It was this recession which initially raised the profile of alternative sources of energy and led to the decision by many companies to convert to Hydrogen and other renewable technologies offered by Ballard, Scottish Power and the Rocky Mountain Institute (RMI). However, the adoption of alternatives to fossil fuels was by no means assured even at this stage. The global economy had been developed around the burning of fossil fuels for energy since the 19th century. From transport, to electricity - the extent to which we were in the grip of coal and oil was absolute.

Silver Foxes

The roller coaster ride of commodity prices was to take yet another twist, when a succession of bitterly cold winters took an icy grip of Europe and North America from 2005-8. Supplies of oil and gas had yet to return to normal levels and the combined demand for energy resulted in terrible shortages. The situation came to head in 2008 when 5,000 OAPs marched through the snow to Downing Street, to protest at spiralling fuel costs. The high prices of electricity and gas had resulted in the deaths by hypothermia of 45,000 old people that winter.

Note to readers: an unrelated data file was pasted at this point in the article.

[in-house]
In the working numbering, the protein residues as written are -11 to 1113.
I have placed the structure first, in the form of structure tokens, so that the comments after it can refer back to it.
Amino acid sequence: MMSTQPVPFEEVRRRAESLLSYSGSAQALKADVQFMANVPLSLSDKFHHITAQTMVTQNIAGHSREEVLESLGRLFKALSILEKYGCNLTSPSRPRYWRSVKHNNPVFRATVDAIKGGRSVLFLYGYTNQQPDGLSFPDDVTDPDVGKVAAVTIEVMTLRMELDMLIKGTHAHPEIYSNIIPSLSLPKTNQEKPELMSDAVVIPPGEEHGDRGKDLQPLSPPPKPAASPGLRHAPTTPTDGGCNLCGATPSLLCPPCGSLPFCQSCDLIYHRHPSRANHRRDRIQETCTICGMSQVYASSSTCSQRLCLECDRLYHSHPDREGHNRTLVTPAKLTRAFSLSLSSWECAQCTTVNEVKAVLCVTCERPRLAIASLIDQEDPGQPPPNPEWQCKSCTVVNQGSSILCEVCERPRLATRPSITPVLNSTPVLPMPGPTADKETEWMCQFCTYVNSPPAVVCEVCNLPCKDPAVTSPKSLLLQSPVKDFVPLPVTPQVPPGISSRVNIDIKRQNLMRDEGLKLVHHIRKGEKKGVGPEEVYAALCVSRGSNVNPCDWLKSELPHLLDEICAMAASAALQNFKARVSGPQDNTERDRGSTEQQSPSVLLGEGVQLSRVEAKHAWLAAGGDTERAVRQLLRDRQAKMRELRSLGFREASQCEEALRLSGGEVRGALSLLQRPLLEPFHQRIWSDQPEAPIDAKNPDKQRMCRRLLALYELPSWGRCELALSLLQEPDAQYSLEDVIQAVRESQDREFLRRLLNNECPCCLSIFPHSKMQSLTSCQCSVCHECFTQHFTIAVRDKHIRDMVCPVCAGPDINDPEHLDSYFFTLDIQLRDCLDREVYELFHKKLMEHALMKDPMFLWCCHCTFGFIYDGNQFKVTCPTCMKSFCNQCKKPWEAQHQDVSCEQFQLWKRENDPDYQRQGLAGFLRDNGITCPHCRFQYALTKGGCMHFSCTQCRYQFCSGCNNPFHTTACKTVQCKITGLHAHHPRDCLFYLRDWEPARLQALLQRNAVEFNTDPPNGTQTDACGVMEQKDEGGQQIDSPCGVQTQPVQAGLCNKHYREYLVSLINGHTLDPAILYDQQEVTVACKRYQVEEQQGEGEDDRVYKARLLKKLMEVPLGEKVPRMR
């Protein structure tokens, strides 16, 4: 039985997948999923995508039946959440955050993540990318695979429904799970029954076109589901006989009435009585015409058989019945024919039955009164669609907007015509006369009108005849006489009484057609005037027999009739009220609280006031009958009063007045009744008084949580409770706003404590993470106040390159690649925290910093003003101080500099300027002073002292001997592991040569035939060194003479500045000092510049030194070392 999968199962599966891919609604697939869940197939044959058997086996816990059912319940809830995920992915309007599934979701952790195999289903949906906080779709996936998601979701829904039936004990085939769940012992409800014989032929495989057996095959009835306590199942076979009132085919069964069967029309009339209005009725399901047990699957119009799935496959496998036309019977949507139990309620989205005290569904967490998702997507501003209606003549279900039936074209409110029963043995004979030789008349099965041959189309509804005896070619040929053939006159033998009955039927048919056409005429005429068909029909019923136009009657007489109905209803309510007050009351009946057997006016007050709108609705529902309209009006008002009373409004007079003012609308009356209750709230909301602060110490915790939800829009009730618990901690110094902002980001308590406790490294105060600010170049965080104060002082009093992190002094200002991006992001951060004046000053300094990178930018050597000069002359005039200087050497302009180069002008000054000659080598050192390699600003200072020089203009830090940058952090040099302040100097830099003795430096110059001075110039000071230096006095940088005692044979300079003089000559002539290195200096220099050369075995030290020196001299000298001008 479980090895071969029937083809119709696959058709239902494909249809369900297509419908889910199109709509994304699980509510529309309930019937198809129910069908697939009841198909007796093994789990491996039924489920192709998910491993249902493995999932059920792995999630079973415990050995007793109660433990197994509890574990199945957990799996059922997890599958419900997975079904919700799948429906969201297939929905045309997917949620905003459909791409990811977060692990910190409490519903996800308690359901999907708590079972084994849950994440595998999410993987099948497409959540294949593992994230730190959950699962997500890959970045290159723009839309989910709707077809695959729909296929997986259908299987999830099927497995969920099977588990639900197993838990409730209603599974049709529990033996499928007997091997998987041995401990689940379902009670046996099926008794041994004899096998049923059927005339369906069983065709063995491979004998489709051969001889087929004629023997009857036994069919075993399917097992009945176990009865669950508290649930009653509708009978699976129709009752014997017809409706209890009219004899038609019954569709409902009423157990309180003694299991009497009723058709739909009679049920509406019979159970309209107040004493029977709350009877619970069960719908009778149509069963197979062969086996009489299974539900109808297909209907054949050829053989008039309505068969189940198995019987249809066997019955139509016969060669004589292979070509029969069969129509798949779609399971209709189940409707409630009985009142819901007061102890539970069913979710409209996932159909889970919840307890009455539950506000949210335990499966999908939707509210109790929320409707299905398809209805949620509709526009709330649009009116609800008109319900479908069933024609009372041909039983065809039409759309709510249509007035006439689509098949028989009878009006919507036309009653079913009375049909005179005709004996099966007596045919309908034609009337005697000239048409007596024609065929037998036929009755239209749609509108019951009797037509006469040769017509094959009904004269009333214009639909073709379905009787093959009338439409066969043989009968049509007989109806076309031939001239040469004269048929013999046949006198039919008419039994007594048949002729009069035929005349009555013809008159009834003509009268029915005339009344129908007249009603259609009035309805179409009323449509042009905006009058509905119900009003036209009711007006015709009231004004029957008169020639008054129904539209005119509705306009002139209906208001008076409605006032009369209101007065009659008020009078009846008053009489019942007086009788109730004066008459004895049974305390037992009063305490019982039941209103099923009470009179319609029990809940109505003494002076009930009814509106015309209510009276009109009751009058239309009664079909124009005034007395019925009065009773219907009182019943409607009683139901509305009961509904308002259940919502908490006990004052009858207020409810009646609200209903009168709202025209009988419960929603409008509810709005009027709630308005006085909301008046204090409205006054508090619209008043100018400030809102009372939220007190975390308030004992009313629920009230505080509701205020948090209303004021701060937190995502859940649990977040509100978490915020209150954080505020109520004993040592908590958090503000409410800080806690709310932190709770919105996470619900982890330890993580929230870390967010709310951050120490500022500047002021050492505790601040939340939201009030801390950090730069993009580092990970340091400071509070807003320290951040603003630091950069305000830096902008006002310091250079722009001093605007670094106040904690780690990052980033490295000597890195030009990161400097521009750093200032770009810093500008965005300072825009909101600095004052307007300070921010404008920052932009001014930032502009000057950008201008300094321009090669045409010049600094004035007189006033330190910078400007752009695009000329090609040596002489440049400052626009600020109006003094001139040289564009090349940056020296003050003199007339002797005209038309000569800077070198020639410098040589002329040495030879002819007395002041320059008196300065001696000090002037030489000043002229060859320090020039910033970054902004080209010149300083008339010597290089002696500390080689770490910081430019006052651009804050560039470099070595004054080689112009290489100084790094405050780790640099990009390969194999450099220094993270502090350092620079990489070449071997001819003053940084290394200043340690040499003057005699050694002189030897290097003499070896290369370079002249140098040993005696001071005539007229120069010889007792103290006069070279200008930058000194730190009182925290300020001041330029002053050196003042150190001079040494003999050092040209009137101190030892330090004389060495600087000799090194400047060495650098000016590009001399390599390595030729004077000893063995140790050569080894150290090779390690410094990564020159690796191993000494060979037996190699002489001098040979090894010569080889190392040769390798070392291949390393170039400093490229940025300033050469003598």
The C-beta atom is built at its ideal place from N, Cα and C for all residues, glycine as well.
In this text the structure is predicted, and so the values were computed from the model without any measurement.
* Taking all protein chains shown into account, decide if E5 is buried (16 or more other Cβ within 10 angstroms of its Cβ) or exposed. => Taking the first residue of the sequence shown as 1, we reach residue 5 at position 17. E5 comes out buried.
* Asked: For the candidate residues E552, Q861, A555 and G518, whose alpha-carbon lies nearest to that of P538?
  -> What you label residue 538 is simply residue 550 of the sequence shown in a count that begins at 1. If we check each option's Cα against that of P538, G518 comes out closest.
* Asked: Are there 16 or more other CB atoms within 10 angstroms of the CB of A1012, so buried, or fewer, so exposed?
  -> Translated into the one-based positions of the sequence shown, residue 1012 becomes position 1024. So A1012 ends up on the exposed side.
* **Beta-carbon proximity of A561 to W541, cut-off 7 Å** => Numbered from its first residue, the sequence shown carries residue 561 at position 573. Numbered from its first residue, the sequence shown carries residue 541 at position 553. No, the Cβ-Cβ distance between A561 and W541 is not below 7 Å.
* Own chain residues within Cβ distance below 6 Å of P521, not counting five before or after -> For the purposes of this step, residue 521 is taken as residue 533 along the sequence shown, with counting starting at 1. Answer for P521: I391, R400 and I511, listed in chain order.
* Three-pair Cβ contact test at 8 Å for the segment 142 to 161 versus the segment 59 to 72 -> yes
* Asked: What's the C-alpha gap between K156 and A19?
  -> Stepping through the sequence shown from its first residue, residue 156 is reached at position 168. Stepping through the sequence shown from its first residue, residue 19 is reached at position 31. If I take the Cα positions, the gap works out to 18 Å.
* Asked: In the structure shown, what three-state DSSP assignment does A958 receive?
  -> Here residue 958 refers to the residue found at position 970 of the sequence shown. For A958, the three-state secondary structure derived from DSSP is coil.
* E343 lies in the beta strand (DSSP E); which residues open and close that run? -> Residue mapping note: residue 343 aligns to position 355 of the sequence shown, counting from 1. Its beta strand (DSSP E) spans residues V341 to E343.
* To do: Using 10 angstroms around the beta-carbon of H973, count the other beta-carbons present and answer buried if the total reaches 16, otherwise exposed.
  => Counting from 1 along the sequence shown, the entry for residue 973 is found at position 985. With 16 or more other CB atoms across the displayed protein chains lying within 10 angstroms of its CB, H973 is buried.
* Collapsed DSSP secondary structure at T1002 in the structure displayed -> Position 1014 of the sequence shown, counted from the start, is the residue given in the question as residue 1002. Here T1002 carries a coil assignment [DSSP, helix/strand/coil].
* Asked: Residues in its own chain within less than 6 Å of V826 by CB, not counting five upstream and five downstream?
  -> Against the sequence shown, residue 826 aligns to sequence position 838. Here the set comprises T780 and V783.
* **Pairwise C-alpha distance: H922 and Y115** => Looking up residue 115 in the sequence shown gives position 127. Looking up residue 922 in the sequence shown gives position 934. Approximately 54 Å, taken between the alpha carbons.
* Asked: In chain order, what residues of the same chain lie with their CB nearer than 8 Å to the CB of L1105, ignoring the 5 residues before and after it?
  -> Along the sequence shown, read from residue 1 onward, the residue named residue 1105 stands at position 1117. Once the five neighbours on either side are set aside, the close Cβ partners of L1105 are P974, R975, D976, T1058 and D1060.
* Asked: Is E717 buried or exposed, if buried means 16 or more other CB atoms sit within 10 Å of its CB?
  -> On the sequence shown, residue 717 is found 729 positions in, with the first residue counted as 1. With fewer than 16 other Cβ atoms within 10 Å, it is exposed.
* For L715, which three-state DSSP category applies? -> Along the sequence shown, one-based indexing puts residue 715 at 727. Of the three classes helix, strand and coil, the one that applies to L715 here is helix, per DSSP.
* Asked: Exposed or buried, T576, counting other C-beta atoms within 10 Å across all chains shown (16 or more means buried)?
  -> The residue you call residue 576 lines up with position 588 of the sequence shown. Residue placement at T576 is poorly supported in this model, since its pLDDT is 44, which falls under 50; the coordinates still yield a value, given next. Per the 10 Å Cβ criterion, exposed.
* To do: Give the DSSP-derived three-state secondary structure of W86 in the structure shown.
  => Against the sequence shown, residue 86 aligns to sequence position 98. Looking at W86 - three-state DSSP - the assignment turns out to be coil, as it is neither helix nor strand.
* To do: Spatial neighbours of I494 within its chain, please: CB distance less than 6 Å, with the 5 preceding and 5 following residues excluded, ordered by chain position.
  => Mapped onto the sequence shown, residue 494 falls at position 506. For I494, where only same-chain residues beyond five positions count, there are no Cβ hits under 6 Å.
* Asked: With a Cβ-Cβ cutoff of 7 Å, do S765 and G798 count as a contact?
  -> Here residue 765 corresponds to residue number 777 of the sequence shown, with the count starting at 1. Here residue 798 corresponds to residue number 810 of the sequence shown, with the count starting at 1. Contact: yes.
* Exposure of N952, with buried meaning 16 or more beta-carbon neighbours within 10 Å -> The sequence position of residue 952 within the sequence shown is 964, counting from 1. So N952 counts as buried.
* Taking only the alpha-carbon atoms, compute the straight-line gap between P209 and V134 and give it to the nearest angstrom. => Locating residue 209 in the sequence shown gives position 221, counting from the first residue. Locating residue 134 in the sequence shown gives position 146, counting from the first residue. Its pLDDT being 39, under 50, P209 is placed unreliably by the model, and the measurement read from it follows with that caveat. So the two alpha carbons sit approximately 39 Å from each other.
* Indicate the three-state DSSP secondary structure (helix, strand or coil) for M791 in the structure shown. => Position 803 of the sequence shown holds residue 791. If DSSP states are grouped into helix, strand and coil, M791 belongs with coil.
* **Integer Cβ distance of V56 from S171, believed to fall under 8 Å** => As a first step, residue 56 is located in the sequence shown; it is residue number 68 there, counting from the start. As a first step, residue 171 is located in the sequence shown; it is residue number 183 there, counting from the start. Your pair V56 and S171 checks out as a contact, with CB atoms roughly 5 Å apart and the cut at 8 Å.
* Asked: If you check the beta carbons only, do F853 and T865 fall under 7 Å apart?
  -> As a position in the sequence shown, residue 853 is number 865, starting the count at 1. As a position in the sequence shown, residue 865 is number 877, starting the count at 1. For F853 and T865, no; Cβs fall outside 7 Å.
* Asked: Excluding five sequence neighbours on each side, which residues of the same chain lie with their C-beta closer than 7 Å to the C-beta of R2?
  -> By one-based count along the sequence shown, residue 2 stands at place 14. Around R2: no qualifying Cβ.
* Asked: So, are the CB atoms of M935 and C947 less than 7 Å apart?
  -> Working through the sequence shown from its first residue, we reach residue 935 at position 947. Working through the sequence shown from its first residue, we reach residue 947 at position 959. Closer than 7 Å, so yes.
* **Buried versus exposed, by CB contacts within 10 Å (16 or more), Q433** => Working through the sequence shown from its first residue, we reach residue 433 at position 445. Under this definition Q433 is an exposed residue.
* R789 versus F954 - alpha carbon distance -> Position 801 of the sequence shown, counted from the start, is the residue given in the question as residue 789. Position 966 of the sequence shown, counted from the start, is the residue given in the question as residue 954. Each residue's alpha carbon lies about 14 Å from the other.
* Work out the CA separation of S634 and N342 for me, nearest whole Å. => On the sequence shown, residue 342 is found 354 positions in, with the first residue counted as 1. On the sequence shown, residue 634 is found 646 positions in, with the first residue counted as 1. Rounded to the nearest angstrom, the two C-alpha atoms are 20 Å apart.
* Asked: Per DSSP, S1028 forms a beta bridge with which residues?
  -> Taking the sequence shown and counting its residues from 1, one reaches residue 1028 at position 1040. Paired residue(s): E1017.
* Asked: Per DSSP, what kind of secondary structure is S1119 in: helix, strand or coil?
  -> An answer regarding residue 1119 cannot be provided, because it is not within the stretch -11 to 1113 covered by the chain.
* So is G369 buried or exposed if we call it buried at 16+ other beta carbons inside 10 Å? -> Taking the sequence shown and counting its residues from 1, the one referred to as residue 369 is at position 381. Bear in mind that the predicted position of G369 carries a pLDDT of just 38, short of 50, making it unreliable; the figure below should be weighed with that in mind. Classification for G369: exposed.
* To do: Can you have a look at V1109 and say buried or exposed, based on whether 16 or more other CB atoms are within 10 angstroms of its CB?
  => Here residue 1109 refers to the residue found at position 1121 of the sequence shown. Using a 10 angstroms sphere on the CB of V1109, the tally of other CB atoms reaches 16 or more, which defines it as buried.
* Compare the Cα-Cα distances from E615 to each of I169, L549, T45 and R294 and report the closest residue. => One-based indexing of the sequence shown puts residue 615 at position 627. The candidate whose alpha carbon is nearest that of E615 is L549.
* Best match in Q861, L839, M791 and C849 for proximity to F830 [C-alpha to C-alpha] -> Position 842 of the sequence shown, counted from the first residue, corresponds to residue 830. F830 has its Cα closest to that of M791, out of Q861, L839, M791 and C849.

Prior to this latest fuel crisis, the UK government and many others, had for years been investing millions of euros in the promotion of research into potential alternative energy sources for the 21st century. This succession of fossil fuel price shocks was damaging both economically and politically and there was an overwhelming public cry for change. It was this sentiment which was the driving force behind the International Emissions Agreement of 2010 and led to the introduction the now infamous Pollution Tax.

The Edinburgh Accord